Chaucer Criticism: The Canterbury Tales

Chaucer Criticism: The Canterbury Tales

Chaucer Criticism: The Canterbury Tales

Chaucer Criticism: The Canterbury Tales

Excerpt

Out of the diversity of authorship and approach represented in this anthology, a surprisingly consistent picture of Chaucer's art and spirit emerges. Of the eighteen selections, two are by poets as unlike as Cummings and Longfellow, sixteen by scholar-critics whose essays span half a century and whose critical approaches rest variously upon social history, literary history, rhetorical tradition, Biblical exegesis, or formal analysis of the text. A naive Chaucer--Chaucer as comic realist having his little jokes on contemporaries caught in his camera eye; Chaucer the benign indifferentist chuckling alike over good and evil, the happy ironist inspired by nothing so much as an incongruity; Matthew Arnold's Chaucer, lacking in "high and excellent seriousness" -- does not exist for any writer represented here. It is difficult to see how the student or general reader could read far in this anthology without developing convictions about Chaucer as a poet of the most varied and sophisticated art -- an art responsible to the moral and spiritual heart of man and human situations.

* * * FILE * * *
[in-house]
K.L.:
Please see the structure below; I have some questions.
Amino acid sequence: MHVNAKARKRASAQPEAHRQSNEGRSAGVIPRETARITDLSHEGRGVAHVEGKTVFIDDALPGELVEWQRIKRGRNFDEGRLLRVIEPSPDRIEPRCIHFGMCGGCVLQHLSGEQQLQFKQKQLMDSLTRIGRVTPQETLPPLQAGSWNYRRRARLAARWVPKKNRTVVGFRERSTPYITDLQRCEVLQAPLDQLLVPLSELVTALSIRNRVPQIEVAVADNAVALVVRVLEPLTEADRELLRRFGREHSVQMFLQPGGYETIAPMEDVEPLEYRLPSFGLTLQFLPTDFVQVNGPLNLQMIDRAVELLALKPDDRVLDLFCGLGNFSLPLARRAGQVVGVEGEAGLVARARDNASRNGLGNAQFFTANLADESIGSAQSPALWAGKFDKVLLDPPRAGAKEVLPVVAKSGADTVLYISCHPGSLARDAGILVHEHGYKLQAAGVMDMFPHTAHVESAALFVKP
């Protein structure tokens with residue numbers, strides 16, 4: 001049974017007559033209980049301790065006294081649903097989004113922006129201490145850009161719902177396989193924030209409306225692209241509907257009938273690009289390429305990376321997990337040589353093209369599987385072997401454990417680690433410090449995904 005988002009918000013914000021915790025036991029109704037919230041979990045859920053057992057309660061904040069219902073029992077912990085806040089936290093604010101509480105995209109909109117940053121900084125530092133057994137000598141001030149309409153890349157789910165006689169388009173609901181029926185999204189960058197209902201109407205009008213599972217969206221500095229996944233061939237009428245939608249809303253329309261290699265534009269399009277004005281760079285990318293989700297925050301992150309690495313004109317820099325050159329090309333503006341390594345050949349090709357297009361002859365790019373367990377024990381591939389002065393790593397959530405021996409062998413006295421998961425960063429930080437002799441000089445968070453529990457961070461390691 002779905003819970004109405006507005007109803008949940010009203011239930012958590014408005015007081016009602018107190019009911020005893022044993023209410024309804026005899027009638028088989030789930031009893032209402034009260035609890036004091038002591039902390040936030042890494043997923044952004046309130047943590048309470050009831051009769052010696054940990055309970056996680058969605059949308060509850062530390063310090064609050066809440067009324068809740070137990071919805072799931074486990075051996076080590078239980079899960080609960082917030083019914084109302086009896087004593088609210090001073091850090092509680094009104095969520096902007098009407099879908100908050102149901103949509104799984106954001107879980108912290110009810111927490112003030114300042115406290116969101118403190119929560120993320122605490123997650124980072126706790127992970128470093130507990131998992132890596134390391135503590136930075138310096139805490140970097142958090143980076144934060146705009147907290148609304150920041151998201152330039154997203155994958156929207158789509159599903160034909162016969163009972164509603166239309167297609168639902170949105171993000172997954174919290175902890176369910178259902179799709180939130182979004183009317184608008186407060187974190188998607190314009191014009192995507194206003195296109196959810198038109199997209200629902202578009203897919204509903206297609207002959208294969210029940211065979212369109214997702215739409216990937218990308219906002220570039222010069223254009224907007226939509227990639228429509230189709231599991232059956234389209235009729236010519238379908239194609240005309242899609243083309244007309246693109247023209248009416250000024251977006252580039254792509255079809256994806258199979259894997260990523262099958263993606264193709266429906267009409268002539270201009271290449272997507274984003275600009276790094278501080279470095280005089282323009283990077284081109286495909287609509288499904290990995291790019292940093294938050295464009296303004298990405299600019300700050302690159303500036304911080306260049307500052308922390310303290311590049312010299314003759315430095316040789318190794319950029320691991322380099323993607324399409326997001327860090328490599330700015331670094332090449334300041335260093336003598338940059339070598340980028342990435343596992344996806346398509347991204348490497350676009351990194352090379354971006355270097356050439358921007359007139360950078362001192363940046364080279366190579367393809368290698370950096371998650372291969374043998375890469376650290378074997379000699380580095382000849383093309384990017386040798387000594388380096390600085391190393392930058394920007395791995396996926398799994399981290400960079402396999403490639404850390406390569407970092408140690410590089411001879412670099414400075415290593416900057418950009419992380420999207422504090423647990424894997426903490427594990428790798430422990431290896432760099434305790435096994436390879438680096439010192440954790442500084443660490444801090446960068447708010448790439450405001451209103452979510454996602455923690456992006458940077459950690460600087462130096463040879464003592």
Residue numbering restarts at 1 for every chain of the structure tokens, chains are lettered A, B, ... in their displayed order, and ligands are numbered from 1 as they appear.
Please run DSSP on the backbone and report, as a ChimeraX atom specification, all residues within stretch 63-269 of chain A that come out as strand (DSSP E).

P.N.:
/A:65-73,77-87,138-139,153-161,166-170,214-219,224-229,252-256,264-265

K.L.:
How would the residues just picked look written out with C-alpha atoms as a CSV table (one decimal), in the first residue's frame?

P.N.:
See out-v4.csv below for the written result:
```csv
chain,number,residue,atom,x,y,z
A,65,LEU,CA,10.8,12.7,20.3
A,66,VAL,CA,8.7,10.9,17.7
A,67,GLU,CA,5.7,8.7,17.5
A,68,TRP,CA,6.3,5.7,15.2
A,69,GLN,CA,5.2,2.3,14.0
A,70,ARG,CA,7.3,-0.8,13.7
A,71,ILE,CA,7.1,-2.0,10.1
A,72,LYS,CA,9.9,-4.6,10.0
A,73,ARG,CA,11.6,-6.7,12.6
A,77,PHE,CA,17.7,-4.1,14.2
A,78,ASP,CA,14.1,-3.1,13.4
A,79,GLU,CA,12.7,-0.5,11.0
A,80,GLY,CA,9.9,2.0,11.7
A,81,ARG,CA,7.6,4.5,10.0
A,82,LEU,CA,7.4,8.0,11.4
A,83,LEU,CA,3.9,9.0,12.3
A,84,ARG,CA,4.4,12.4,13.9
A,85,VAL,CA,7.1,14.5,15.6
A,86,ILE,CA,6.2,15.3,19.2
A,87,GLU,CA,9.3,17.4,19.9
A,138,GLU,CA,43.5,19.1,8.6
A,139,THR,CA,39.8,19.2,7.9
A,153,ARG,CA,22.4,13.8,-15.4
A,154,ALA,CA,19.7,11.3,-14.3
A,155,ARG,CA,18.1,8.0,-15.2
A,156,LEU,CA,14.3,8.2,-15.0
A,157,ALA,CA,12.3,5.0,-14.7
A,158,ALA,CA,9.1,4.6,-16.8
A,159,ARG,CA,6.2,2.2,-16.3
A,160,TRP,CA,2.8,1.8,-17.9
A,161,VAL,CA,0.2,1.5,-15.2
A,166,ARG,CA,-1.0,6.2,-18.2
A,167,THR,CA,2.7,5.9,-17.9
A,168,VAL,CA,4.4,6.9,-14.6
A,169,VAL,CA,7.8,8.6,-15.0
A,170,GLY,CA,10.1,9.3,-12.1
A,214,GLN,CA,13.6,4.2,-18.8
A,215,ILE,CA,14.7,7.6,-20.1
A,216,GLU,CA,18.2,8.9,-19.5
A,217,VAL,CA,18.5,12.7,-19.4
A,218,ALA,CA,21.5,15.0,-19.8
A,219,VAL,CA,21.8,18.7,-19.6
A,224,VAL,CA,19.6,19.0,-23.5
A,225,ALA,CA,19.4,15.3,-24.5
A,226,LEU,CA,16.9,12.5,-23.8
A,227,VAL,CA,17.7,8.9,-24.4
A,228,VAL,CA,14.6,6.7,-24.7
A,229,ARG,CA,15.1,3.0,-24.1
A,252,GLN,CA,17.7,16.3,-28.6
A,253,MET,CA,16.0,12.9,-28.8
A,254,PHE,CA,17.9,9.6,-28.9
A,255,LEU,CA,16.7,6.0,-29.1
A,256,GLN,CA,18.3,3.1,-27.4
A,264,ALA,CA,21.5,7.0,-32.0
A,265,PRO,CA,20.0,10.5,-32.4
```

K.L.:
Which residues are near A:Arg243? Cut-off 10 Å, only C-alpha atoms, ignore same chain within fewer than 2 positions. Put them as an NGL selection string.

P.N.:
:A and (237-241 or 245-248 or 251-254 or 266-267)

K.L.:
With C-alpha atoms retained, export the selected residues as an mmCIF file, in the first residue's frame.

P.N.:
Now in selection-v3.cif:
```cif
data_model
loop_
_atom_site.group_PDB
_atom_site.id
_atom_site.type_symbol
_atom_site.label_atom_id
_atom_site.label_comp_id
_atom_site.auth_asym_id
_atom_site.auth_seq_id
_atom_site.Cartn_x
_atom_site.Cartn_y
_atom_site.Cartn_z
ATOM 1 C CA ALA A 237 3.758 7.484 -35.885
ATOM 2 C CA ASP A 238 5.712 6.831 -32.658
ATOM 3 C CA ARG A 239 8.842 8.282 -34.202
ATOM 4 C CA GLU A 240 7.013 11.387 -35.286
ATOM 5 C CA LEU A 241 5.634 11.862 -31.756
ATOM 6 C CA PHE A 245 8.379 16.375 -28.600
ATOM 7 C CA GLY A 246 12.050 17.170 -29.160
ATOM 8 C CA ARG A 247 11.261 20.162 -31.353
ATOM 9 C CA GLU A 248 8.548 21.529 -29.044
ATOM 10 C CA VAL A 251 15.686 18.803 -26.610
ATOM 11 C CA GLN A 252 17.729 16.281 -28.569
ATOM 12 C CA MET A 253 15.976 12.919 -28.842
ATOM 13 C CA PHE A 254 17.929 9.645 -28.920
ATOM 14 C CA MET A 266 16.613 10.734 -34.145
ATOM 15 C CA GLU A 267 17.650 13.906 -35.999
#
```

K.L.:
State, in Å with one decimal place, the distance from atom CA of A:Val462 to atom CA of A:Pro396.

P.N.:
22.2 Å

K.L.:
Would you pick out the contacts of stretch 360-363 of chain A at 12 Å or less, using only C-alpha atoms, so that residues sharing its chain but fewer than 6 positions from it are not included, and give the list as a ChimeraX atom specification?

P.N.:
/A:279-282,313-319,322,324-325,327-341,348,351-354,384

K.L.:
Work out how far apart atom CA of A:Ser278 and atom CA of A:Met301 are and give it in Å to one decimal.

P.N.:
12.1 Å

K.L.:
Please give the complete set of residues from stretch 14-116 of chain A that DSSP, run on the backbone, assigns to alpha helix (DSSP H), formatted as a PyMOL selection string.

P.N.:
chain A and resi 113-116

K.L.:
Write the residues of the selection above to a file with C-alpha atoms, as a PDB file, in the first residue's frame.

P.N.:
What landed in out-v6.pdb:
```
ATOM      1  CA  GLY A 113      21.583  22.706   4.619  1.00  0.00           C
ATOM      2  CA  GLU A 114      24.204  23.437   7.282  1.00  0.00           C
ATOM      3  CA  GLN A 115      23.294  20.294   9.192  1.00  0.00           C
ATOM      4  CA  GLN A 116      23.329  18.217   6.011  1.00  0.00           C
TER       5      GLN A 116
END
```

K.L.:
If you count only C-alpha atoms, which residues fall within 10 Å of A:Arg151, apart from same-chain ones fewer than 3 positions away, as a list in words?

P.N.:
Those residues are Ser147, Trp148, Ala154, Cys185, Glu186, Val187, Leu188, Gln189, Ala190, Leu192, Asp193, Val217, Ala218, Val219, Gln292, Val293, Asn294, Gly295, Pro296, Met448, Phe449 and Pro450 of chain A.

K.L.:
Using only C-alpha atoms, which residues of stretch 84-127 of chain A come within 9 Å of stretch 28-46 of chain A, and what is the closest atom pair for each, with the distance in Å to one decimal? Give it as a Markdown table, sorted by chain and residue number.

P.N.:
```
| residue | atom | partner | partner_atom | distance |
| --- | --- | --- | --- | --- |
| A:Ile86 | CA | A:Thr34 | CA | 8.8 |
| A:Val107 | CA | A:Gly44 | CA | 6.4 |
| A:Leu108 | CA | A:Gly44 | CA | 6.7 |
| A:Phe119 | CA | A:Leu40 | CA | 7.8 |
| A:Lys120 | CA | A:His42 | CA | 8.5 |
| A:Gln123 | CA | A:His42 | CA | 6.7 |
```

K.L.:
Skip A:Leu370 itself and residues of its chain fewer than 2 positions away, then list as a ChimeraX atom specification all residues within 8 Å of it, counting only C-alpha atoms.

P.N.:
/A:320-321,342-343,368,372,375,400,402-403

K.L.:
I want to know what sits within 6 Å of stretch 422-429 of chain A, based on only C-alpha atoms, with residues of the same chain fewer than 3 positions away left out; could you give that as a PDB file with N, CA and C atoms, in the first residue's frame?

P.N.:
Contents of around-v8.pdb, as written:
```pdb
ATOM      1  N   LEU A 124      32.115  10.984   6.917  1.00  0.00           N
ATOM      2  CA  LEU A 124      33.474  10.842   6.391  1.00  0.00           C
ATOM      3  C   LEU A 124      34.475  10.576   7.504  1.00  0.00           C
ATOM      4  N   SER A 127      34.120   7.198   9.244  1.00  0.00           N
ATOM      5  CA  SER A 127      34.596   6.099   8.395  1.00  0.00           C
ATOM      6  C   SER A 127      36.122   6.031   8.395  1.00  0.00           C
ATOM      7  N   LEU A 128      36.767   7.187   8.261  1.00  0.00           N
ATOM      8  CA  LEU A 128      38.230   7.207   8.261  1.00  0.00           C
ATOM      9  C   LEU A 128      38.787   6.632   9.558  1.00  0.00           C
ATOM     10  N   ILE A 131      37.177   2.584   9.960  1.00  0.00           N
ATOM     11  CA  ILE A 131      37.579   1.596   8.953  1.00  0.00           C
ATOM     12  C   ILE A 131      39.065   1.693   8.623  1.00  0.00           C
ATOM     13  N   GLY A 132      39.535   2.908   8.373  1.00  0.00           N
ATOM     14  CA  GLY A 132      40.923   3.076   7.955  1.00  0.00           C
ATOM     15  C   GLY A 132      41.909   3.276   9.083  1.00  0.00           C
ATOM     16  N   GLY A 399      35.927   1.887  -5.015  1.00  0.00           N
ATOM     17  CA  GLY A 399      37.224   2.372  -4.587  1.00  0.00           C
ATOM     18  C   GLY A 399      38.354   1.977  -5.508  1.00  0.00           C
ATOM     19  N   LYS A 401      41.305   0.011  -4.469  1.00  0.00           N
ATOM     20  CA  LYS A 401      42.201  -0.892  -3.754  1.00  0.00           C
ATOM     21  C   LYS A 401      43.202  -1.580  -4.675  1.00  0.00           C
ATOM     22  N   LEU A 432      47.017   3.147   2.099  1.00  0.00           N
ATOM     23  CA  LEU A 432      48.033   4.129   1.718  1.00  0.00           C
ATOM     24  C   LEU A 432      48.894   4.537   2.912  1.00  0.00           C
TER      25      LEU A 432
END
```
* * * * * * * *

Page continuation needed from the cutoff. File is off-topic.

The interpretation of the Canterbury Tales and of Chaucer found in the essays is present, strikingly and emblematically, in the sonnets of Cummings and Longfellow, and it is for this reason that the two poems stand at the head of the collection. They are followed by two essays which deal with artistic problems arising in the General Prologue yet touching the Tales as a whole. Donaldson's essay, a delightful analysis of the narrative point of view provided by "Chaucer the Pilgrim," tells us that the most obvious function of the narrative persona is "to present a vision of the social world imposed on one of the moral world." Baldwin's essay finds the unity of the Canterbury Tales in a sovrasenso arising by "metaphorical . . .

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